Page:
There is a growing frustration with the traditional theories of finance among institutional investors. For example, at the Institutional Investor Roundtable I attended in Singapore last week, only ~15 of the 71 sovereigns and pensions in the room said they viewed MPT as offering valuable tools for portfolio construction and asset allocation. Moreover, 35 of these funds indicated that they were already operating according to ‘post-modern portfolio theory’ principles. I think that’s fascinating, but what does P-MPT actually look like?
Given that I’m also coming off a week in Malaysia — which is the global hub of Islamic finance — I can’t help but reflect on some of the lessons that this niche market may offer the mainstream. Why? Because there are some really innovative things happening these days in Islamic finance. (And for those of you that think Islamic finance is not worth paying attention to, consider this: Goldman Sachs, in October, registered a $2 billion Islamic bond program → pay attention.)
Anyway, as you are no doubt aware, Islamic finance imposes some pretty serious constraints on its denizens. For example, there’s a ban on excessive speculation. There’s a ban on leverage. There’s a ban on selling things you don’t own. There’s a ban on charging interest. There’s a ban on investing in firms that rely on interest revenue or that carry a lot of debt. There’s the requirement that income must be derived as profits from shared business risk. And so on. On the surface, then, you’d expect Islamic finance to be severely constrained. And, you’d be right. But I’d argue that these constraints may offer opportunities for mainstream finance.
In the world of intellectual property, the workarounds that people come up with to avoid infringing a patent are sometimes more sophisticated and valuable than the originally patented concept. So, my thinking goes, perhaps the constraints imposed on Islamic financiers will lead to creative innovations and products that ultimately improve finance generally. Why? Because the constraints listed above actually sound reasonable. And, moreover, since Islamic finance is firmly rooted in capitalism (i.e., the profit motive and private ownership remain firmly intact), these constraints (and their workarounds) are compatible with non-Islamic finance as well.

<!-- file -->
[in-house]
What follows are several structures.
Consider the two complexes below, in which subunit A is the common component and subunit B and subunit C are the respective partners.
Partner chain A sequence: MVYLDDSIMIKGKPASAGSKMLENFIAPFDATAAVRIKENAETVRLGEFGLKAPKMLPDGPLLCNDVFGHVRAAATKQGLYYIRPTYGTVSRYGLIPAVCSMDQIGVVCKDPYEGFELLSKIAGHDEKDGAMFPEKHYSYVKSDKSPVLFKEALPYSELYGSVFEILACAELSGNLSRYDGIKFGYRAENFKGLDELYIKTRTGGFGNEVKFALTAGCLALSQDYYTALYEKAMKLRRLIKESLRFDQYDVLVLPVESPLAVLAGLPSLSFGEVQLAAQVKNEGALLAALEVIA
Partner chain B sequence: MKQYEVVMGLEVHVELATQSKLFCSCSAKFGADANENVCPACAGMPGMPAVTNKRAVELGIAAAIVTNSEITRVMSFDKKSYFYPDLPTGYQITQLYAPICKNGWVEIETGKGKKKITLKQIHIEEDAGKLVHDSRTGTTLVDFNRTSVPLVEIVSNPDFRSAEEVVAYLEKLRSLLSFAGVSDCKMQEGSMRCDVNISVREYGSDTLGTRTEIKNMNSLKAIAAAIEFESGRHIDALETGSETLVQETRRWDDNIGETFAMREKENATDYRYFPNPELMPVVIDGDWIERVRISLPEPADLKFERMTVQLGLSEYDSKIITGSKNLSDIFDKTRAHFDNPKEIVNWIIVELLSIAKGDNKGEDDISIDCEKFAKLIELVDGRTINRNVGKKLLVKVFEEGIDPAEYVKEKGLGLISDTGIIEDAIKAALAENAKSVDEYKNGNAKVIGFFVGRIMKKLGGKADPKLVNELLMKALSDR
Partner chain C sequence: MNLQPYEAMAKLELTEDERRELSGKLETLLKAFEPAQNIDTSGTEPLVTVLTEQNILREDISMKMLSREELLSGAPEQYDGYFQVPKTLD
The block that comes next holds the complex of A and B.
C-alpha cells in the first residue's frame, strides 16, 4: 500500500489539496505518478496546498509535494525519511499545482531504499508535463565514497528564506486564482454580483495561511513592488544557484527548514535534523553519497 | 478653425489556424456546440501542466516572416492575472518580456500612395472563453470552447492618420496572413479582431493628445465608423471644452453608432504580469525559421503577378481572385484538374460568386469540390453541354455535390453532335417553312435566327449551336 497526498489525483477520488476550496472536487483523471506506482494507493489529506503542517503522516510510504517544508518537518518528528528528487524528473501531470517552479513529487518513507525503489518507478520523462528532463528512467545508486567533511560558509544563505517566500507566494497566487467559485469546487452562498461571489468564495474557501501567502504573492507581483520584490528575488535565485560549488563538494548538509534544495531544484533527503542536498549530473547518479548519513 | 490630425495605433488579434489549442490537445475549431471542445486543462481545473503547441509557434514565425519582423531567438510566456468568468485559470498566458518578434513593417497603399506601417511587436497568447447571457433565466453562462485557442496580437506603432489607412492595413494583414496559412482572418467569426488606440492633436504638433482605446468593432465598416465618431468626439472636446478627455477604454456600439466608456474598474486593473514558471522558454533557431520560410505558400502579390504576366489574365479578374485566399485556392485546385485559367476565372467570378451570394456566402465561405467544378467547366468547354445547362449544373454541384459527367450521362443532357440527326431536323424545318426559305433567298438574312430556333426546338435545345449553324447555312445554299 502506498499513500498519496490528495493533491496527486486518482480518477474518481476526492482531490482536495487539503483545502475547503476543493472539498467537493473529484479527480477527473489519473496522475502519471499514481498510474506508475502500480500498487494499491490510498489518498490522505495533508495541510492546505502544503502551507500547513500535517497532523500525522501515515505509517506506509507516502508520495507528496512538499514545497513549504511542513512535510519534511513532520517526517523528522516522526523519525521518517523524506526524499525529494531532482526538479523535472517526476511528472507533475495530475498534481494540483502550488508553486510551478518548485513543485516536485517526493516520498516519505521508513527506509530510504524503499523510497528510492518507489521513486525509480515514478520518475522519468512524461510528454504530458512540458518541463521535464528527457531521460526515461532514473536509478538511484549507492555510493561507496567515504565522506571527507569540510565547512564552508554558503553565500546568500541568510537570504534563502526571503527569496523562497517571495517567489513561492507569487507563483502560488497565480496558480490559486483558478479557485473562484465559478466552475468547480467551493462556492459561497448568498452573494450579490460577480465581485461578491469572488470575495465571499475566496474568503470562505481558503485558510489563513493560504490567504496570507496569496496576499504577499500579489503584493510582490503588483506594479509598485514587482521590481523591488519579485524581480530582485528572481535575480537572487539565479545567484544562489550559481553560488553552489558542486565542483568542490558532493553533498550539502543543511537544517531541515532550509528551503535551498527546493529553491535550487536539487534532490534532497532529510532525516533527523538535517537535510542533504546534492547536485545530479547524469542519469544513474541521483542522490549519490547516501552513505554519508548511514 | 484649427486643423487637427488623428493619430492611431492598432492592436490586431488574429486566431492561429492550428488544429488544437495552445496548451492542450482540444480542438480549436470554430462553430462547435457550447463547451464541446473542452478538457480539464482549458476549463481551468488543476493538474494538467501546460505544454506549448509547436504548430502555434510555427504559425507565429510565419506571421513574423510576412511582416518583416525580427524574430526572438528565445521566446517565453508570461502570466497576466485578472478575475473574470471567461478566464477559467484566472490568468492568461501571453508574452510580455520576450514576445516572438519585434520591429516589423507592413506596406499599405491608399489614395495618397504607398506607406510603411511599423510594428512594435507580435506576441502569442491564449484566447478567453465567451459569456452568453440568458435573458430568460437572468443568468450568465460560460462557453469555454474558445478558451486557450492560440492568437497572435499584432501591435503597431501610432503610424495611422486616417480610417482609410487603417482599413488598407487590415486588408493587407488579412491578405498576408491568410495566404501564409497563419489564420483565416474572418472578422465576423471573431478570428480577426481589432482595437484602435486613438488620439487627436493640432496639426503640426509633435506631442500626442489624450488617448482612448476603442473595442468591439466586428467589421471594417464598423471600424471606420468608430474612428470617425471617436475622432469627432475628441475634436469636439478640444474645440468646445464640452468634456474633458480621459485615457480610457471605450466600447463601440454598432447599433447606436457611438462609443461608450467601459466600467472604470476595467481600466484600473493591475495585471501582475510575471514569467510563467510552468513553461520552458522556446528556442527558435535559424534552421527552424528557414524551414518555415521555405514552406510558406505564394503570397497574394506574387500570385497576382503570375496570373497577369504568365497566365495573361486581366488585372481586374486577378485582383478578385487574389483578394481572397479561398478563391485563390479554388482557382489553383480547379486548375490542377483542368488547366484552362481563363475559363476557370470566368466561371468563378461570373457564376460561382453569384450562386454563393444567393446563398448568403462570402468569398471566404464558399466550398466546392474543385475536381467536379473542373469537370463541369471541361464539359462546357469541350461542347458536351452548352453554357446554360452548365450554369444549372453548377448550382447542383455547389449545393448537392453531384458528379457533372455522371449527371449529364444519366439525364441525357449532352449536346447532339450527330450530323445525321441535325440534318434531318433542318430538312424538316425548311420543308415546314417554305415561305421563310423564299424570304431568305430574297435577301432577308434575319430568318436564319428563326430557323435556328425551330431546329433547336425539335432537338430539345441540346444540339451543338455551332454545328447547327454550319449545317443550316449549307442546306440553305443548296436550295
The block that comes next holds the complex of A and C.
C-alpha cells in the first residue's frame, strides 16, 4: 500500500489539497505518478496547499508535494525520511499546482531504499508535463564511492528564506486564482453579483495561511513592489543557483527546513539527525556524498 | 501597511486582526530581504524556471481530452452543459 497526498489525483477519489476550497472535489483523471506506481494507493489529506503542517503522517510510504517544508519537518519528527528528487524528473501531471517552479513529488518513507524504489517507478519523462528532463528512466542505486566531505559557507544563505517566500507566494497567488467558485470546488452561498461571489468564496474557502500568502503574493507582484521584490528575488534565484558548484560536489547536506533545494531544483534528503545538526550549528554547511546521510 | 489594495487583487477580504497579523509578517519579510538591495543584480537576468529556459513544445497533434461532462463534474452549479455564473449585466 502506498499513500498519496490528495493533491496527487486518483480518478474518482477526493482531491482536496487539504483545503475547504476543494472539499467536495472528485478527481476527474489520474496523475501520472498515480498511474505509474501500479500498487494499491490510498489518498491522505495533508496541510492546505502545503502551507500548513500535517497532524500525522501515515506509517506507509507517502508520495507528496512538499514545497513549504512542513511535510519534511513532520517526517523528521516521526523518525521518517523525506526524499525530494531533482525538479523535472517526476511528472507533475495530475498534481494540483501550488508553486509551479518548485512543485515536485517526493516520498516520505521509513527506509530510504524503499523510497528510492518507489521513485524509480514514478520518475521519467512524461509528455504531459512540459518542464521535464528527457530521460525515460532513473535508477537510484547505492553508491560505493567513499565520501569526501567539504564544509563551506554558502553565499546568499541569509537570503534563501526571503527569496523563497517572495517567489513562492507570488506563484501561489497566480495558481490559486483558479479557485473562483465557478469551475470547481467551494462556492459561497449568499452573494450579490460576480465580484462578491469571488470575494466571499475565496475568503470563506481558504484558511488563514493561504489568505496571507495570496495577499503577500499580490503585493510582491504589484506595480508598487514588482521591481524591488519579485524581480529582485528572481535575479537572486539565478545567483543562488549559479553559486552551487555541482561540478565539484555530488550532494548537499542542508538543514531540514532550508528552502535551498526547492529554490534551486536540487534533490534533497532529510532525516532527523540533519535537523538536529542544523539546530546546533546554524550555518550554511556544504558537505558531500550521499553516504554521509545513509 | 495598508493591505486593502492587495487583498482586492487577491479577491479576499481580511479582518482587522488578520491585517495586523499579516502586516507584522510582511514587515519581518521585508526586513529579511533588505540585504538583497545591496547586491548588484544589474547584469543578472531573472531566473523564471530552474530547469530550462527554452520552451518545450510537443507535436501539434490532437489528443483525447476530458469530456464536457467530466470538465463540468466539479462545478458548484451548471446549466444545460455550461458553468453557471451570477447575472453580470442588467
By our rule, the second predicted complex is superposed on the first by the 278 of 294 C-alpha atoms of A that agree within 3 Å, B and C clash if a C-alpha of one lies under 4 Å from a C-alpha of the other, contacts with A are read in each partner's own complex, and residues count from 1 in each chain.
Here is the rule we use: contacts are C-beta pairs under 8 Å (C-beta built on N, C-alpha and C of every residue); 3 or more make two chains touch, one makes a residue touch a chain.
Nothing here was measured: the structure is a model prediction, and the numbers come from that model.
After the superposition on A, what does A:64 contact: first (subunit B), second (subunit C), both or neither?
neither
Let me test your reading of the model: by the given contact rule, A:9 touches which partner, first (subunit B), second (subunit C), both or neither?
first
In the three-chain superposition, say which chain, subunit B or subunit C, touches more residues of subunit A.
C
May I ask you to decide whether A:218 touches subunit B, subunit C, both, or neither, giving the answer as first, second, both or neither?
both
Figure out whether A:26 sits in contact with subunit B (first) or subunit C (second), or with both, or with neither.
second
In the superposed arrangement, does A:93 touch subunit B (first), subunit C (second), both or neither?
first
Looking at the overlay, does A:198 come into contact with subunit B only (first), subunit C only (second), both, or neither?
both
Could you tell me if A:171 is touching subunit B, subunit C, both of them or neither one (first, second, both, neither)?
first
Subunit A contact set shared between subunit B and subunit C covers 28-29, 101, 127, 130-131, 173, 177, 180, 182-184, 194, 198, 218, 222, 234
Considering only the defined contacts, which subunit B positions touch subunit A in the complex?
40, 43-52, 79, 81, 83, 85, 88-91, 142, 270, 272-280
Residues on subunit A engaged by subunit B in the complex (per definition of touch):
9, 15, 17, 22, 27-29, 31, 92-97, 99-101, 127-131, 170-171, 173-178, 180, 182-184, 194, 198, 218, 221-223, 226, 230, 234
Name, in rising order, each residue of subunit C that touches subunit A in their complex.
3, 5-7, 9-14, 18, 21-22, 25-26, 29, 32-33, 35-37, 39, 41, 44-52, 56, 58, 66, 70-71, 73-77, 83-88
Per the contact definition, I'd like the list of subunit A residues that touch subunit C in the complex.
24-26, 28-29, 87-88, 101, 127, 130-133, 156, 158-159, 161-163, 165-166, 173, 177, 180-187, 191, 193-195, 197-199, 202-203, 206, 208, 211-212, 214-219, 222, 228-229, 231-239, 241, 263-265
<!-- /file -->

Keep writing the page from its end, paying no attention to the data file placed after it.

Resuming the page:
Now, I’m not saying all investors should avoid pork products or sell their alcohol stocks. I’m also not arguing for a return to “simple finance”. (Note: There are, today, Islamic hedge funds, Islamic derivatives traders and even Islamic mechanisms to sell short; see “Arboon Method”). I am saying, however, that I think Islamic finance offers insights into how finance can be better grounded within the “real economy”, from which it has grown increasingly disconnected. For example, in nominal terms financial markets are four times as big as real markets. Why? Is it for the benefit of industry? Or is the size of finance for the benefit of finance? Because every transaction has to have an asset earmarked with it, the Islamic financial sector cannot distance itself too far from the real sector. Perhaps that’s something worth exploring in the mainstream.
In sum, institutional investors have given up on MPT and are searching around for P-MPT principles because they want to really understand the assets they own and the risks they are exposed to. It seems to me that certain aspects of Islamic finance would greatly improve the visibility of assets and risks through a deconstruction of financial products and services that ultimately roots them in the real economy. And it’s in this regard that I think Islamic finance can be useful to P-MPT.
This post originally appeared on the Oxford SWF Project.